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Montreal Protocol

The Montreal Protocol on Substances that Deplete the Ozone Layer, known simply as the Montreal Protocol, is an international environmental agreement. It regulates the consumption and production of approximately 100 man-made, ozone-depleting chemicals. The Montreal Protocol is so named because it was initially signed in Montreal on 16 September 1987. To date, the Montreal Protocol is the only United Nations treaty that every country in the world has ratified.

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Battle of the Plains of Abraham

The Battle of the Plains of Abraham (13 September 1759), also known as the Battle of Quebec, was a pivotal moment in the Seven Years’ War and in the history of Canada. A British invasion force led by General James Wolfe defeated French troops under the Marquis de Montcalm, leading to the surrender of Quebec to the British. Both commanding officers died from wounds sustained during the battle. The French never recaptured Quebec and effectively lost control of New France in 1760. At the end of the war in 1763 France surrendered many of its colonial possessions — including Canada — to the British.

(This is the full-length entry about the Battle of the Plains of Abraham. For a plain-language summary, please see Battle of the Plains of Abraham (Plain-Language Summary).)

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Company of One Hundred Associates

The Company of New France, or Company of One Hundred Associates (Compagnie des Cent-Associés) as it was more commonly known, was formed in France in 1627. Its purpose was to increase New France’s population while enjoying a monopoly on almost all colonial trade. It took bold steps but suffered many setbacks. The company folded in 1663. It earned little return on its investment, though it helped establish New France as a viable colony.

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McIvor Case

The McIvor v. Canada case was about gender discrimination in section 6 of the 1985 Indian Act, which deals with Indian status. Sharon McIvor — a woman who regained status rights after the passing of Bill C-31 in 1985 — was not able to pass on those rights to her descendants in the same way that a man with status could. In her case against the federal government, the British Columbia Supreme Court ruled in 2007 that section 6 did, in fact, deny McIvor’s equality rights under the Canadian Charter of Rights and Freedoms. In response to this case, the federal government introduced new legislation (Bill C-3) in 2011 to counter gender discrimination in the Indian Act.

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Mackenzie-Papineau Battalion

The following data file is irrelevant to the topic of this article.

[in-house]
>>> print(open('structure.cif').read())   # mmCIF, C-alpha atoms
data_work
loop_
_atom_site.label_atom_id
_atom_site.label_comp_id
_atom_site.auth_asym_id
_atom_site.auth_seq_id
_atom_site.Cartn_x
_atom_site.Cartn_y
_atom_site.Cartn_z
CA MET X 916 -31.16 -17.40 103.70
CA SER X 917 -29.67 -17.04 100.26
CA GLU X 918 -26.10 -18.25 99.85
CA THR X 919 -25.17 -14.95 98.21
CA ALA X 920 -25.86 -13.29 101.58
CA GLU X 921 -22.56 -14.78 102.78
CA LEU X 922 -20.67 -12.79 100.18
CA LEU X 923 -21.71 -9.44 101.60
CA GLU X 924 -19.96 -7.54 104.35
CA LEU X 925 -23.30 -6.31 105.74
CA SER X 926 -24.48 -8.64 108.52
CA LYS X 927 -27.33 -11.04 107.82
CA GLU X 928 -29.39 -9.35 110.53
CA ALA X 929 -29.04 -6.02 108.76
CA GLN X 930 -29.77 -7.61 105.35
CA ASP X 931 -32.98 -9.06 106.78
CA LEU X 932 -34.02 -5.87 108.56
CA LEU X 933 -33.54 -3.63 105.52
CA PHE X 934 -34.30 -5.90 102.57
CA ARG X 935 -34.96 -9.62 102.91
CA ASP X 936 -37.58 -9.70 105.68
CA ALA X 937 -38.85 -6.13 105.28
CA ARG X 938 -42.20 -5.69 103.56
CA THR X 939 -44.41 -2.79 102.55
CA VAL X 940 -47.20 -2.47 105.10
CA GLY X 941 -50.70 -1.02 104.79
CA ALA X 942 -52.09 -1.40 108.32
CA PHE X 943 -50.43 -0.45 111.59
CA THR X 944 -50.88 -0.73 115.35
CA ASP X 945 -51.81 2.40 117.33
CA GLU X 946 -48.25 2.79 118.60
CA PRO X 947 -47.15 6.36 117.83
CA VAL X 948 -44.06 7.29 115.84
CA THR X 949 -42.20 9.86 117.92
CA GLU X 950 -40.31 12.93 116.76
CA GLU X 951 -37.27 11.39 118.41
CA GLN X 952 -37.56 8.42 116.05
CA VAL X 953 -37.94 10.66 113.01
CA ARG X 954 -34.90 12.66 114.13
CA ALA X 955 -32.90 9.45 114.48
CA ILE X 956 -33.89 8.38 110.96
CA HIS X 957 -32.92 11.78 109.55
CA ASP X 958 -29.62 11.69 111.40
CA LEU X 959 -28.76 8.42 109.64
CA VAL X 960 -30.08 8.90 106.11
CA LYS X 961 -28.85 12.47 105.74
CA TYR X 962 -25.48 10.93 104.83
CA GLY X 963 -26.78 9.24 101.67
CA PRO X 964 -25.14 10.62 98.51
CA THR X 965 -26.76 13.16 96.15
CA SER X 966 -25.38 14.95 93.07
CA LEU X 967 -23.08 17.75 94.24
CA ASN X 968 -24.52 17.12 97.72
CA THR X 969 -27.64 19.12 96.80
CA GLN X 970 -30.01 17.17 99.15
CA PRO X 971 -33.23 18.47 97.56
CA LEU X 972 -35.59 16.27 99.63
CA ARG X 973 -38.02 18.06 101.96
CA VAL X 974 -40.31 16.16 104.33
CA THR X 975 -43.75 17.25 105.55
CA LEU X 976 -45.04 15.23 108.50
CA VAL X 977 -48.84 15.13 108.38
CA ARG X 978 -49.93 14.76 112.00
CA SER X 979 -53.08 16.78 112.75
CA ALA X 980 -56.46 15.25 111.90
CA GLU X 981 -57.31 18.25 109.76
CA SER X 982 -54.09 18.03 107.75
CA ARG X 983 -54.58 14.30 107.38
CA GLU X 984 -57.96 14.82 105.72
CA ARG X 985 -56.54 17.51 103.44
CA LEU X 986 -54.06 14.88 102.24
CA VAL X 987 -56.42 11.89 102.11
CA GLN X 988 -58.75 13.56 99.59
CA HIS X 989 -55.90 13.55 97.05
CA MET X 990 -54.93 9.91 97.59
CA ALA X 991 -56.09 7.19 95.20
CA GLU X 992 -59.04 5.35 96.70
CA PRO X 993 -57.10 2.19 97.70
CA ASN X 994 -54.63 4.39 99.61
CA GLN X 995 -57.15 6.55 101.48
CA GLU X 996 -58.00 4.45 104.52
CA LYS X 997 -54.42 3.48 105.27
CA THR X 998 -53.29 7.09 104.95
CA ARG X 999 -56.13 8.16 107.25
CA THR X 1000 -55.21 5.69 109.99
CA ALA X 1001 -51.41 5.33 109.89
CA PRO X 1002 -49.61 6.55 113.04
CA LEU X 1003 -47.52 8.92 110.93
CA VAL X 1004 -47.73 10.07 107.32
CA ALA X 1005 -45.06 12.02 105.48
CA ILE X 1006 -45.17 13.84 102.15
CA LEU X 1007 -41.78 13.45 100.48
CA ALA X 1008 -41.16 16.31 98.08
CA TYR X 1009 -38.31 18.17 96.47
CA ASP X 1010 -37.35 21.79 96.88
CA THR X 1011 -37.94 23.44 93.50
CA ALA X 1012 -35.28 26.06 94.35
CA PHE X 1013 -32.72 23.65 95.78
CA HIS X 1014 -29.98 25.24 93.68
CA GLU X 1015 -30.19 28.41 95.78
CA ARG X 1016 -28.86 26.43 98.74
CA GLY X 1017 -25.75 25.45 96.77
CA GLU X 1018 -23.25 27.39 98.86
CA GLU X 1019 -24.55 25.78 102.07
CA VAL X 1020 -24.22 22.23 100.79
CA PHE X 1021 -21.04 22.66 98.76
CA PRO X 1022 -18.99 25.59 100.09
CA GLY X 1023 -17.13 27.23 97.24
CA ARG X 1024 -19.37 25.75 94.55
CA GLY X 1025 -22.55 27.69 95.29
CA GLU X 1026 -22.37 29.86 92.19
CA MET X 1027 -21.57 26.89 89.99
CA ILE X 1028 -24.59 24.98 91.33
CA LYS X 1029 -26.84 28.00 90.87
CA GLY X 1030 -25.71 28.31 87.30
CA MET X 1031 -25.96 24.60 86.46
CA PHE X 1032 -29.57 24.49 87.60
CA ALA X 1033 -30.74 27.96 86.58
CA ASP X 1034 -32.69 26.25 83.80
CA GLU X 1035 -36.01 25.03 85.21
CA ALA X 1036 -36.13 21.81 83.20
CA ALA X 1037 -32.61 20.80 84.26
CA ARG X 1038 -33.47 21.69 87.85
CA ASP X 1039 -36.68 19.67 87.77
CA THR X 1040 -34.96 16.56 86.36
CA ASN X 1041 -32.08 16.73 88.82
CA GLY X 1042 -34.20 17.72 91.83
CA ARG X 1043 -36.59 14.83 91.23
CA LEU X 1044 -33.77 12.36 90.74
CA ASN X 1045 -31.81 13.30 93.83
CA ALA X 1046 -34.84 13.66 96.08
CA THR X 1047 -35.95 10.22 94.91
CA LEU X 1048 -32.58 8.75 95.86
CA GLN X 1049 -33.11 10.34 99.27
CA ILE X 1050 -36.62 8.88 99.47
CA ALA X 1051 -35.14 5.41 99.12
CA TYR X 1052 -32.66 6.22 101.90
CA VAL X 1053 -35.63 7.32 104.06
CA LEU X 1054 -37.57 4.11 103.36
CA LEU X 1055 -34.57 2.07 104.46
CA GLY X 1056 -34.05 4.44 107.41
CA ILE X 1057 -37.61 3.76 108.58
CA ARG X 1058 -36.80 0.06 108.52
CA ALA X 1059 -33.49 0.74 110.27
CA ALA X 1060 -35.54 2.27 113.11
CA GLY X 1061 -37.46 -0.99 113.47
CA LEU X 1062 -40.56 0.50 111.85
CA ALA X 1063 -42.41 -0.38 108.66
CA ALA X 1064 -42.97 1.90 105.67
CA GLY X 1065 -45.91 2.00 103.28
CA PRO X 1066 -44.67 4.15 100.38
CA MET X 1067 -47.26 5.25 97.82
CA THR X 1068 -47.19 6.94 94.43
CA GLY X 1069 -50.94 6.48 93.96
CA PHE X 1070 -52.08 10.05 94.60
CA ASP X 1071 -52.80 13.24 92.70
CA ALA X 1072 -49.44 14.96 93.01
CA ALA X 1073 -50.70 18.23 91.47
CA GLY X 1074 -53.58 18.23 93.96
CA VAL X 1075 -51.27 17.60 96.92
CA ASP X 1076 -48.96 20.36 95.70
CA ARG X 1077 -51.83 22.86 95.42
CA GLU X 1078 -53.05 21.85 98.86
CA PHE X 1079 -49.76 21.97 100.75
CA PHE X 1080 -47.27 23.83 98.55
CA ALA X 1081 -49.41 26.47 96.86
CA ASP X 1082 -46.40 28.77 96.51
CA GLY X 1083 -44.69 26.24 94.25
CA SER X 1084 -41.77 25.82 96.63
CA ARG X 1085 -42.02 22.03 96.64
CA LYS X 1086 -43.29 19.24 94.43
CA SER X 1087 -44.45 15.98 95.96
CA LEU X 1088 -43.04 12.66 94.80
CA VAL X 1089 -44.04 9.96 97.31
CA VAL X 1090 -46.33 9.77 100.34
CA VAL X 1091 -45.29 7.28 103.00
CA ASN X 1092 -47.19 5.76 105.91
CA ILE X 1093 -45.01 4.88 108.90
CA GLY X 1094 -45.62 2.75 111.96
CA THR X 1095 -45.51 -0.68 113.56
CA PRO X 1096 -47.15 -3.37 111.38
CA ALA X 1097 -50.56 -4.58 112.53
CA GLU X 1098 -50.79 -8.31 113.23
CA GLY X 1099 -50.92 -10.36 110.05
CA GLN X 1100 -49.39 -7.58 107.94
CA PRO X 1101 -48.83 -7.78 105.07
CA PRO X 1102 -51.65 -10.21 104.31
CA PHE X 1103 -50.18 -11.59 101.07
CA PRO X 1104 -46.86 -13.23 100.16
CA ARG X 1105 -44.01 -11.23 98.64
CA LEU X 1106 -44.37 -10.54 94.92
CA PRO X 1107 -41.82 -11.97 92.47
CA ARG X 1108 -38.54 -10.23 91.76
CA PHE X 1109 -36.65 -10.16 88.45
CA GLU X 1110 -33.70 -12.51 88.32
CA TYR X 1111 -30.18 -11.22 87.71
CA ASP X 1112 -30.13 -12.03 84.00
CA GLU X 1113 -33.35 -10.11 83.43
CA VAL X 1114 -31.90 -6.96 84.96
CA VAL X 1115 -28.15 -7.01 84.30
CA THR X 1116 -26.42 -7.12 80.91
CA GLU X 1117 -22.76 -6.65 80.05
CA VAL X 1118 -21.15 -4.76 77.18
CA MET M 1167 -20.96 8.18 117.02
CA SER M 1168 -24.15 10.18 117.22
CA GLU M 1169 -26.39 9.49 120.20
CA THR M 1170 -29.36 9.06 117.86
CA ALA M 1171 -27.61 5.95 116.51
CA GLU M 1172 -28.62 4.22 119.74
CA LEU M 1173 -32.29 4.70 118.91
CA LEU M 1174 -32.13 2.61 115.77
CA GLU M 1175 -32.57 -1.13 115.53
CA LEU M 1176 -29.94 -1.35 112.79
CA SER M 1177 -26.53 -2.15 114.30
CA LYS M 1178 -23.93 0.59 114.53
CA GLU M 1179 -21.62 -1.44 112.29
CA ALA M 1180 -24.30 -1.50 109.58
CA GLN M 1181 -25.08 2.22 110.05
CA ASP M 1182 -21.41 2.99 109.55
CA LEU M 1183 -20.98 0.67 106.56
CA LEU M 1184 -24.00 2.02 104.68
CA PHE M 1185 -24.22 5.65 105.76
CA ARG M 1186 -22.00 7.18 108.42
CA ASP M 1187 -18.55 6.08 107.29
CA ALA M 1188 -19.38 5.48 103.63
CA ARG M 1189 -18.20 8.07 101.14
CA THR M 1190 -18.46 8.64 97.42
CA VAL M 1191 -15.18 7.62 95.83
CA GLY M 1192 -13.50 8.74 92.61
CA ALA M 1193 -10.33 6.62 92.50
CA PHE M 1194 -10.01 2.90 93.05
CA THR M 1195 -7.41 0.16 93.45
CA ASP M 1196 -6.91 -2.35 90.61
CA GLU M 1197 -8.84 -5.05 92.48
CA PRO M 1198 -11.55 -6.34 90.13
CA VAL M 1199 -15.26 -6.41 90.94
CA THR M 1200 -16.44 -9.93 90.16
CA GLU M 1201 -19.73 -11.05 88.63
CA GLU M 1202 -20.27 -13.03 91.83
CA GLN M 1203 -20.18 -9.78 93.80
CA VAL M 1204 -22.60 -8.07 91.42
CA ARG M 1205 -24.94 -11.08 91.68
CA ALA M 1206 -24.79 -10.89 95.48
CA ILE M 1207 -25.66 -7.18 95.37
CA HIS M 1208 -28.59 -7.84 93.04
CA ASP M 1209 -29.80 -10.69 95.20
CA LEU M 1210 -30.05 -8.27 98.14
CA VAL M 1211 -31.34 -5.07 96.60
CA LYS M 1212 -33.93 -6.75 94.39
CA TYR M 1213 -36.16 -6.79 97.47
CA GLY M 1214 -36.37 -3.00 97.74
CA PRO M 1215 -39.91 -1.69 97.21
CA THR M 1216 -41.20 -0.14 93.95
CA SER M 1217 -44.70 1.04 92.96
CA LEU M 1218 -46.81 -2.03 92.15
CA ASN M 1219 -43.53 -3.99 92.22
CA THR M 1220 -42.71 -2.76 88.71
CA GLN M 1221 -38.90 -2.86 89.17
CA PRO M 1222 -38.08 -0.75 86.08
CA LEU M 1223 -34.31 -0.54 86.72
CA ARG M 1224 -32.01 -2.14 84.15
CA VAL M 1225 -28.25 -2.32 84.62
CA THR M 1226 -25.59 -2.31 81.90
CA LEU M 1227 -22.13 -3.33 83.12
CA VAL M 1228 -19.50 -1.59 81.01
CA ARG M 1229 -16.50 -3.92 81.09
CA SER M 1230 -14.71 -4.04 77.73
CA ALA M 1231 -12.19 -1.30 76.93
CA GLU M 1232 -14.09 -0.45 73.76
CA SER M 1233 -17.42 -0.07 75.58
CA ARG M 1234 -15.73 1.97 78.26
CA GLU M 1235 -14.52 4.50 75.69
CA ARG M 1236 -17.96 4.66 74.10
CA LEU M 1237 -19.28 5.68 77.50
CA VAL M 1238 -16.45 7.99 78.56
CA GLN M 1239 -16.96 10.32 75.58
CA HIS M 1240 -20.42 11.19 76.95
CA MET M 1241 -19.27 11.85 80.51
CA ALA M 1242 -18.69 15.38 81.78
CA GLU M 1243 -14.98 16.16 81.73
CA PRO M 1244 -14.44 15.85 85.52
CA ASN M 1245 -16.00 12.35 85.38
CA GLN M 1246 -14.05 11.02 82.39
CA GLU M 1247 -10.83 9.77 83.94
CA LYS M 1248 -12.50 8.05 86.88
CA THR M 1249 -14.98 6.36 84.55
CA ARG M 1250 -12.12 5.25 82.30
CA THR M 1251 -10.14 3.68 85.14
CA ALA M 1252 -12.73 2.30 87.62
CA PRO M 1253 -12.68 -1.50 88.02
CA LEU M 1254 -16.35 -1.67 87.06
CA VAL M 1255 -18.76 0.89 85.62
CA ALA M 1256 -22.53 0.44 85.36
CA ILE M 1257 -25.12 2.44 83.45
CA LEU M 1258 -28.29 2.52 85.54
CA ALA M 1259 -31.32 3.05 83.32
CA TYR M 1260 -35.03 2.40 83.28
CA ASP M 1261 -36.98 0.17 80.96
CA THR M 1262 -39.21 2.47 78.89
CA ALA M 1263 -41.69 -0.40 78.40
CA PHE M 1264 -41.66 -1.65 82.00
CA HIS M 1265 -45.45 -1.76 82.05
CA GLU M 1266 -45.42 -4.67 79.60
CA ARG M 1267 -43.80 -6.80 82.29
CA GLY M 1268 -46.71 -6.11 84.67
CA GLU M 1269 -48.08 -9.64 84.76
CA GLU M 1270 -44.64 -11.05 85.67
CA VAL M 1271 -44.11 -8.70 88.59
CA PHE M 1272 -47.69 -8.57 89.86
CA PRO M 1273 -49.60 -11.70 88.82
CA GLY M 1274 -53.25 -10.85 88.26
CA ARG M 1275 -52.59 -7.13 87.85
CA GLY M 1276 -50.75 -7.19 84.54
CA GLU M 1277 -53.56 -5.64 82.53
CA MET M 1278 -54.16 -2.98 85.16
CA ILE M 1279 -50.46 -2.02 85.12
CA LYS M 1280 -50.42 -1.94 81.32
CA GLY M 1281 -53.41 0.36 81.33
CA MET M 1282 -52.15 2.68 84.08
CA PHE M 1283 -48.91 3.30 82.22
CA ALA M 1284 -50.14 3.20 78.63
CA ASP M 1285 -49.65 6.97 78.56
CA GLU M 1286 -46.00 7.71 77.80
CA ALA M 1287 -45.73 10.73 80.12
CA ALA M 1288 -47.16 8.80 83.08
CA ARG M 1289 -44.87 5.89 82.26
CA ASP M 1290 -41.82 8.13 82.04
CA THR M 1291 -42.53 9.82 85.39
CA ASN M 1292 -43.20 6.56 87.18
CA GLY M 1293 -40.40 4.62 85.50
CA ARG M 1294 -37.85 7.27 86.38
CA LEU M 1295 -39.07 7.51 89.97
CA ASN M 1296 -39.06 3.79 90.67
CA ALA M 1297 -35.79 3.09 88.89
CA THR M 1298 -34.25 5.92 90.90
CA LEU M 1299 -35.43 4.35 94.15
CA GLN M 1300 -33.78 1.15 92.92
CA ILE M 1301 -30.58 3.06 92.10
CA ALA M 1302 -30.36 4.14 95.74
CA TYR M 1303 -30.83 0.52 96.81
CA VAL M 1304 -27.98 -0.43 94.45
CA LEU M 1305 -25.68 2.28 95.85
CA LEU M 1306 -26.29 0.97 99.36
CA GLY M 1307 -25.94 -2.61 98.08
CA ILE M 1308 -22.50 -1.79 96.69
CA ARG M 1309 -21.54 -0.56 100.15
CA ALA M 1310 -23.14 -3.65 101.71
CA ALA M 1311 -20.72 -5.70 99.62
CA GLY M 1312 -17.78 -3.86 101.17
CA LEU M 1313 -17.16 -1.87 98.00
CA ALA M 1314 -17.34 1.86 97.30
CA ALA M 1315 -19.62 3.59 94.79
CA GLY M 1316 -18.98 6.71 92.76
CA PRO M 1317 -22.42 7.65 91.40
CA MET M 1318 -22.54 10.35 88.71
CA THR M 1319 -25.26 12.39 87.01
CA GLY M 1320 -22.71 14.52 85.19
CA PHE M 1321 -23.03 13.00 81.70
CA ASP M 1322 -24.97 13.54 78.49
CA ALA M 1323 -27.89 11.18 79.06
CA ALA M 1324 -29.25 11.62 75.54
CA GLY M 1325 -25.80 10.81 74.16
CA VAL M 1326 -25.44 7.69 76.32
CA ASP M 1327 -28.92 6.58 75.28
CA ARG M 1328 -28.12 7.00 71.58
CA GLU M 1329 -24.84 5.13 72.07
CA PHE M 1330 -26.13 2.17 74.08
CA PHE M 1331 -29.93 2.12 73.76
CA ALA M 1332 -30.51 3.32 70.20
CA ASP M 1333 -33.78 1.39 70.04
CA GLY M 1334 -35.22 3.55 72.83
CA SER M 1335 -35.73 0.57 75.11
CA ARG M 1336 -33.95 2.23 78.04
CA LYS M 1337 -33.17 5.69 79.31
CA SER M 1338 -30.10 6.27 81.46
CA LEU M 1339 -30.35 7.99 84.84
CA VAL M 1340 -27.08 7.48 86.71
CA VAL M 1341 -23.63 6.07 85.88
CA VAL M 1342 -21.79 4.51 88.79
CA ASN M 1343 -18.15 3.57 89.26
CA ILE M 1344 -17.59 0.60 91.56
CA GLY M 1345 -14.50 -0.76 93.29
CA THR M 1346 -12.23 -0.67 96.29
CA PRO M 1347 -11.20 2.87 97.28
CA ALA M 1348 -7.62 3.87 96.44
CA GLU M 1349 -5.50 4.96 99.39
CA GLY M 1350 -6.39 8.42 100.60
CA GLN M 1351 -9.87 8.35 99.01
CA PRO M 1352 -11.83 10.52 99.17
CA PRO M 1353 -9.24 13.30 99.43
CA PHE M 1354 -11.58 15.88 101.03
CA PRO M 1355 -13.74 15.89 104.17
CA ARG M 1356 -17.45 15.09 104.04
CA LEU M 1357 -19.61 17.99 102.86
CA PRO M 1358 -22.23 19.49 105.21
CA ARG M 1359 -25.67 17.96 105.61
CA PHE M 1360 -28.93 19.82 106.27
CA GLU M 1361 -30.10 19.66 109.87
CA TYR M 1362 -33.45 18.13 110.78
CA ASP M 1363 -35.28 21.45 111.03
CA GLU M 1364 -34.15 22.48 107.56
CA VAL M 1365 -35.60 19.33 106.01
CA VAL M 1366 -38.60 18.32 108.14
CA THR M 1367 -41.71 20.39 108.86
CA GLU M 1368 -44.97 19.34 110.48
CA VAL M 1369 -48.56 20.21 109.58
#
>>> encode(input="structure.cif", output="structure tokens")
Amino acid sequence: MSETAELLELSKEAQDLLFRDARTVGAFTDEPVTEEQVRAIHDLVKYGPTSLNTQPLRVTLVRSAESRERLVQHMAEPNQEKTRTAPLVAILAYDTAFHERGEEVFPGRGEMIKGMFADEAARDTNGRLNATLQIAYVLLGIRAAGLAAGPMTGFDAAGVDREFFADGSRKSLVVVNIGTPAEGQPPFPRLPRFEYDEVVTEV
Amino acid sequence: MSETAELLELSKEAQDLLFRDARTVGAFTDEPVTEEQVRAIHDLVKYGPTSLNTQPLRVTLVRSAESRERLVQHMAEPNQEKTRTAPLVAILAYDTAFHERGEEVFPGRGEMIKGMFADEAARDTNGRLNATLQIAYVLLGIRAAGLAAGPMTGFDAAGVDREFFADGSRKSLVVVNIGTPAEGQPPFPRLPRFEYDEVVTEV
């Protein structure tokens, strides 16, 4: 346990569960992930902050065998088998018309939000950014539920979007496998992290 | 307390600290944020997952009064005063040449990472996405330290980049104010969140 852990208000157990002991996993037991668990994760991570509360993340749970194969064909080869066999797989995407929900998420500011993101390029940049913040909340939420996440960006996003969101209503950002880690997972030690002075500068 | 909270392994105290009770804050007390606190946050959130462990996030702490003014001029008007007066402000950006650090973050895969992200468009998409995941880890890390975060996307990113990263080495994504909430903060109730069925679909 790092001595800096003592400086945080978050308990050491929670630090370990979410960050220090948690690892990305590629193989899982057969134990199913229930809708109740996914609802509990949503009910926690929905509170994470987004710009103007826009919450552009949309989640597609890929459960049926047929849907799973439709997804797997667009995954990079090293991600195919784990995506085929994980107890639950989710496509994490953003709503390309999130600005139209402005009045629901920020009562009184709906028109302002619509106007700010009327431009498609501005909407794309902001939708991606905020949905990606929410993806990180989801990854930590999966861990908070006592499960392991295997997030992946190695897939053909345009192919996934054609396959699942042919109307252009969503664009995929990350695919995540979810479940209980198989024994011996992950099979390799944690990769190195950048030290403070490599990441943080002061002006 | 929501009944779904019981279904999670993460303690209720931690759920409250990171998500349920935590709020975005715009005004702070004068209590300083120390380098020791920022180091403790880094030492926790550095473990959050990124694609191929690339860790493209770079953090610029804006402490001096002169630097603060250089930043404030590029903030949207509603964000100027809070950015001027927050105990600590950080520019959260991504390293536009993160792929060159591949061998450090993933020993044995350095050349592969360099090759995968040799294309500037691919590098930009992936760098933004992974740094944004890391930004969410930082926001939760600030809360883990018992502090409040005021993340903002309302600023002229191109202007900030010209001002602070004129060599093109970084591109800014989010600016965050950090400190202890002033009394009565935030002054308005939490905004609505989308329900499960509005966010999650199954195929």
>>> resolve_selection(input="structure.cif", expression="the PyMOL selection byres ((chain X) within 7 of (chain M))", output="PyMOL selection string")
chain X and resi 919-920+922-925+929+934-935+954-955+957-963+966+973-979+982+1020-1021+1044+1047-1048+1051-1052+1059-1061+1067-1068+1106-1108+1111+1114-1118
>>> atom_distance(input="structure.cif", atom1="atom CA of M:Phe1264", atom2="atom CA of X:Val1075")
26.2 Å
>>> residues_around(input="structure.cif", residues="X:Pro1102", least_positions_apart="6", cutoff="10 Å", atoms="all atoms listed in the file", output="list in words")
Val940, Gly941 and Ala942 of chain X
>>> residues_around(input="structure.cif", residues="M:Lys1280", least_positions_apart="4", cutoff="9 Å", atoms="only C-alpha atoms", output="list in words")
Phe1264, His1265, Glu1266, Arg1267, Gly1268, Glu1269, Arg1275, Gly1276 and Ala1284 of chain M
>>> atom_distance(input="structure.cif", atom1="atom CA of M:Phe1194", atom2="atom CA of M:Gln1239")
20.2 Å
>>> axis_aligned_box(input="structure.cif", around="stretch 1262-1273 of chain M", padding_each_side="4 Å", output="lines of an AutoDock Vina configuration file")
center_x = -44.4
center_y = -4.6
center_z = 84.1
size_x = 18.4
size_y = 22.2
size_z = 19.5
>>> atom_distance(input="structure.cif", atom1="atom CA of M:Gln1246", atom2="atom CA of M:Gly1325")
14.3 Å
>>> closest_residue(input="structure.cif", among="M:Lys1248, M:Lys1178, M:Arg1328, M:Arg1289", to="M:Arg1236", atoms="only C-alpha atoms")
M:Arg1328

The Mackenzie-Papineau Battalion was a battalion of Canadians that fought against fascist forces in the Spanish Civil War (1936–39). It is also a collective name for more than 1,500 Canadian volunteers who served in the conflict, either with the “Mac-Paps” or in other units.

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Model Minority

The concept of a model minority is a myth and stereotype that was first identified by the discipline of Asian American studies in the 1970s. This academic field of study was developed as a response to the omission and marginalization of Asian Americans in the study of American history. This stereotype depicts Asians as hard working, successful at school and in the workplace, and as economically prosperous. This stereotype has many negative consequences. It divides Asian Canadian communities — which include East Asians, Southeast Asians, South Asians, and Central Asians — and other racialized groups. The model minority myth also overlooks a history of systemic racism towards Canadians of Asian descent and trivializes contemporary problems within Asian Canadian communities. (See also South Asian Canadians; Southeast Asian Canadians; Chinese Canadians; Japanese Canadians.)

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TurboTrain

The United Aircraft Corporation’s TurboTrain (known in Canada as the CN Turbo or VIA Rail TurboTrain) was an early high-speed passenger train that operated in Canada, from 1968 to 1982. The TurboTrain was powered by a gas turbine engine and could attain a maximum speed of over 270 km/h, though it normally never exceeded 150 km/h. The TurboTrain operated on the MontrealToronto route, and under optimal conditions was supposed to complete the trip in less than four hours, though it often took about four and a half hours. Meant to revolutionize train travel in Canada, the TurboTrain suffered from technical problems in its first years of service and declining interest from travellers.